2:32pm PT by Lesley Goldberg, Mikey O'Connell, Kate Stanhope, Lacey Rose
Paul Lee's Hits and Misses During His 6-Year ABC Tenure
With ABC Entertainment Group president Paul Lee out, his six-year tenure has come to an end. But before we turn our attention to his replacement, Channing Dungey, and her plans to right the ship at the fourth-place network, The Hollywood Reporter's TV staff decided to take a look back at Lee’s biggest hits and misses. Because, yes, for every shrewd move he made on the job (the man did greenlight Scandal), there were plenty of missteps (ahem, The Muppets).
HIT: Diversity Push
If Lee is remembered for only one accomplishment during his ABC tenure, it is likely (and rightfully) the network's aggressive push into diversity. Following the success of Shonda Rhimes' game-changing Scandal, with a black lead in Kerry Washington, Lee put multiple series on the air fronted by black casts (drama How to Get Away With Murder and comedy Black-ish), Asian-Americans (Fresh Off the Boat, Dr. Ken) and even international celebrities (Indian mega-star and Quantico lead Priyanka Chopra) — all of them commercially successful to boot. ABC's diversity has been a point of industry-wide praise of late as the film world has gotten increased flack for its relative lack of diversity and 2016's all-white Oscar nominees.
MISS: 2015-16 Season
Lee started the season with what many thought would be the biggest slam dunk: a reboot of The Muppets. That quickly fizzled when reviews came in and the sad-sack comedy notched a string of series lows before co-creator Bob Kushell was forced out. Last night's episode registered a record low 0.8 rating. Of course, that showrunner change was just one of several to plague broadcast nets this fall with ABC's Shondaland drama The Catch and Don Johnson starrer Blood & Oil also shifting gears, and biblical big swing Of Kings and Prophets pushed off the schedule to retool/recast. All of it amounted to significant losses, with the network's 14 percent slide among adults 18-49 landing it in fourth place among the Big Four.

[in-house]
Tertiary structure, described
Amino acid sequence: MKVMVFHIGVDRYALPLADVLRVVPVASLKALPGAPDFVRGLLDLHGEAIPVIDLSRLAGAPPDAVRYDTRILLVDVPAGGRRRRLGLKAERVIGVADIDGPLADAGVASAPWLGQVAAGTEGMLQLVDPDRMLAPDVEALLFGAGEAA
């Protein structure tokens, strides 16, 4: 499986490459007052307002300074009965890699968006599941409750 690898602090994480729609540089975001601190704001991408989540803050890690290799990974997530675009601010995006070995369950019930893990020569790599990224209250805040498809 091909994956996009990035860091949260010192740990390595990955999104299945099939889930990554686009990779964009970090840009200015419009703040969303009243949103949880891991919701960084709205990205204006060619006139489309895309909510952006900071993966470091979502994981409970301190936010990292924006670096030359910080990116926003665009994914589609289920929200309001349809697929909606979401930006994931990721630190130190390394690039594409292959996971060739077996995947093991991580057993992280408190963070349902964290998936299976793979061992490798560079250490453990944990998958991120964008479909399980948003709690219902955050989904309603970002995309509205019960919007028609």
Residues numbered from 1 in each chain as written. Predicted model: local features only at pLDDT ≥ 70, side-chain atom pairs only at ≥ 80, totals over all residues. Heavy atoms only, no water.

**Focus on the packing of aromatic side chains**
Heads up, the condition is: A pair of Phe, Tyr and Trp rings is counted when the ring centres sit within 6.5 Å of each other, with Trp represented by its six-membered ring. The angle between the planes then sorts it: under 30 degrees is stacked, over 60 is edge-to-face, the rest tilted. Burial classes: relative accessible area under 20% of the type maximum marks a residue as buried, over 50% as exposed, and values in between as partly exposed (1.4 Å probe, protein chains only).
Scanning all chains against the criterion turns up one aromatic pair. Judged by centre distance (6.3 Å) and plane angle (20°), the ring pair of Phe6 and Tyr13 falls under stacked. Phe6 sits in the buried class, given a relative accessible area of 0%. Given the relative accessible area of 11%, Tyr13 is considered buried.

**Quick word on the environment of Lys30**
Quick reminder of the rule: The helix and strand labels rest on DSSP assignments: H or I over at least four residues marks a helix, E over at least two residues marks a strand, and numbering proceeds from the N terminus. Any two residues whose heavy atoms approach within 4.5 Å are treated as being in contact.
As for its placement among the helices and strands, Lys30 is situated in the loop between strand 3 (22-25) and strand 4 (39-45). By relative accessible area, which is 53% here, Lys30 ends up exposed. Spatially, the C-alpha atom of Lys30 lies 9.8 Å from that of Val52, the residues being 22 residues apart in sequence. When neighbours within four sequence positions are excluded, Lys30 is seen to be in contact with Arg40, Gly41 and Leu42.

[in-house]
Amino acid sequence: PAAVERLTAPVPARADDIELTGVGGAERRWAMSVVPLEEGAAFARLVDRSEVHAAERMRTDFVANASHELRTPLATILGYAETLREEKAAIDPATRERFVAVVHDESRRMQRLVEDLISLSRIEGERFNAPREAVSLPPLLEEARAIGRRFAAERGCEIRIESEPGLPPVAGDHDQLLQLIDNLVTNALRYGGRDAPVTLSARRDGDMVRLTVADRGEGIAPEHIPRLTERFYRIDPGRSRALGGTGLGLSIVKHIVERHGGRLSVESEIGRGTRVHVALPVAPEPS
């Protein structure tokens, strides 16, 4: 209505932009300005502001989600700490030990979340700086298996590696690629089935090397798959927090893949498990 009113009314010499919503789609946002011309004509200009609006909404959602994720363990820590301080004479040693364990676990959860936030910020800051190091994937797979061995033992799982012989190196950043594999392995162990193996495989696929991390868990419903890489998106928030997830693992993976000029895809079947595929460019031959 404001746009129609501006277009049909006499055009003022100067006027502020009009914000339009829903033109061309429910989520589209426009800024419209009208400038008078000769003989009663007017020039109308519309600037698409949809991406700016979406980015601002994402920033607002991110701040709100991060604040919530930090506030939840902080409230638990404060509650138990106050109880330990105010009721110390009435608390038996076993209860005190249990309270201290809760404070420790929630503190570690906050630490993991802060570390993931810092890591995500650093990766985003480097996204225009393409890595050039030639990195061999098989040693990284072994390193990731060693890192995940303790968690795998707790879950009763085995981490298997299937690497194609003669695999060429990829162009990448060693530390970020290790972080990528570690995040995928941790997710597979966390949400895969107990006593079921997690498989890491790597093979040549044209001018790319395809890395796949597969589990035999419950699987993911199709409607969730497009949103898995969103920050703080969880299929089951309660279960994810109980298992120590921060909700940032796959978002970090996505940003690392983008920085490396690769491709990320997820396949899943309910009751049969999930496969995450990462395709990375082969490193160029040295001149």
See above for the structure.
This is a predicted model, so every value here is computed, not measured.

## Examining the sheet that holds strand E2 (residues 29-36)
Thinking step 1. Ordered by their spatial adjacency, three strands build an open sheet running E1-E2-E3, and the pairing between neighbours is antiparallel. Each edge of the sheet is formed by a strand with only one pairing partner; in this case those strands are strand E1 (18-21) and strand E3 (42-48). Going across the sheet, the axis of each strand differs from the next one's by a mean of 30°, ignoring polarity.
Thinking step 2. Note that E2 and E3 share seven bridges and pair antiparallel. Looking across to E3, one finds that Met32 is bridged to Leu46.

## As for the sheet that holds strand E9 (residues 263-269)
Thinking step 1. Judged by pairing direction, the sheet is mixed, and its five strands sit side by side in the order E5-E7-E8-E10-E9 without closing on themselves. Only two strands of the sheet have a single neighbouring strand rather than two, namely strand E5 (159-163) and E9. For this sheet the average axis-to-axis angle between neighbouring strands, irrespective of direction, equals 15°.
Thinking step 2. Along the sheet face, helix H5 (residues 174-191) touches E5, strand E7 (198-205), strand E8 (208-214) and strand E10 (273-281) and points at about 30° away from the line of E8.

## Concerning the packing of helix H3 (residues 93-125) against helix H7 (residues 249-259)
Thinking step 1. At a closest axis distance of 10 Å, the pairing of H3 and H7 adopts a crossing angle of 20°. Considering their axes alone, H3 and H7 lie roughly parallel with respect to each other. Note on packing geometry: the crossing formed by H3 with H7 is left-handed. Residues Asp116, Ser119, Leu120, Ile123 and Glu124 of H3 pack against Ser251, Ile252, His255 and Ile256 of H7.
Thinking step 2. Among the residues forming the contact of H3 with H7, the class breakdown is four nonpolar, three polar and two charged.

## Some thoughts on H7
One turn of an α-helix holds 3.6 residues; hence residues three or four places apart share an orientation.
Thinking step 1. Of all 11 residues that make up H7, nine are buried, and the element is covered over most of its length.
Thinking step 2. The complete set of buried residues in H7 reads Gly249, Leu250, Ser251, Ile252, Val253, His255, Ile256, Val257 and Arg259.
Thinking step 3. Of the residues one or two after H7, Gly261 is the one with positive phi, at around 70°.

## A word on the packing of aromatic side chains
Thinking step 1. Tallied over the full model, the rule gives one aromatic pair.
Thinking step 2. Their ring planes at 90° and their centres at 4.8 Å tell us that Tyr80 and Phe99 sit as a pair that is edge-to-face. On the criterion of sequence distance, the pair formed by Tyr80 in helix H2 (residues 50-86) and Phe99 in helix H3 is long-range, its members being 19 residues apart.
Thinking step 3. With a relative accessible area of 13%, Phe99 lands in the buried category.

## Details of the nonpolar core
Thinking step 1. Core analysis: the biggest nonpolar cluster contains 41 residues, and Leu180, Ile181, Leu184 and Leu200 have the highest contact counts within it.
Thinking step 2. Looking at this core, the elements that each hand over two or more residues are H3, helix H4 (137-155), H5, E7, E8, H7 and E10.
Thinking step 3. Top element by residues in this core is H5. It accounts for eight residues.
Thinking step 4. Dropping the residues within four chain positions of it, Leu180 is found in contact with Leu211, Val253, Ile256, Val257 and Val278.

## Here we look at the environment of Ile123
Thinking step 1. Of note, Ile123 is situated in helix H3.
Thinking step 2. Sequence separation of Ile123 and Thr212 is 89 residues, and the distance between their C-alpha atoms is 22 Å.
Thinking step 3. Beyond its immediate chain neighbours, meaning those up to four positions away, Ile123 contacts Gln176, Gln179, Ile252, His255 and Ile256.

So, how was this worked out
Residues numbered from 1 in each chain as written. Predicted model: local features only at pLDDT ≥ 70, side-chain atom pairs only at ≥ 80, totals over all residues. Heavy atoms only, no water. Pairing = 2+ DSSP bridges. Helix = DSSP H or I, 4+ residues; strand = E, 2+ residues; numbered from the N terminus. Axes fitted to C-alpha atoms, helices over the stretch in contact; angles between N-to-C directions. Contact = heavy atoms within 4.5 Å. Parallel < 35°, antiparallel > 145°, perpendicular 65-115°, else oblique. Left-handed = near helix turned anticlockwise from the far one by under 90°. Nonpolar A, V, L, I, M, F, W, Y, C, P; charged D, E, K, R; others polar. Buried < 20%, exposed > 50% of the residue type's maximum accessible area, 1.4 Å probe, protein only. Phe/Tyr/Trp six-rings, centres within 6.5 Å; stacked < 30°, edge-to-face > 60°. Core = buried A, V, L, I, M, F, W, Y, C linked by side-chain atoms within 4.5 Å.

HIT: TGIT Lineup
Although Rhimes' success at ABC predates Lee, the outgoing chief can be credited with recognizing the power of the prolific producer's brand. It was he who stood on stage at the 2014 upfront, revealing plans to introduce a Shondaland block — aptly titled TGIT — on Thursday nights. The shrewd decision to eventize the night around the network's most consistent showrunner was made that much more successful by the social media power of Rhimes and her heavily engaged talent. While problem areas line the rest of ABC's schedule, TGIT has proved a boon to the network’s ratings on a lucrative night that had long been a struggle for Lee. Rhimes’ current trio — Grey’s Anatomy, Scandal and How to Get Away With Murder — regularly rank among broadcast’s top rated dramas, with Grey’s still a top 10 show in its 12th season.
MISS: "WTF" Comedy Choices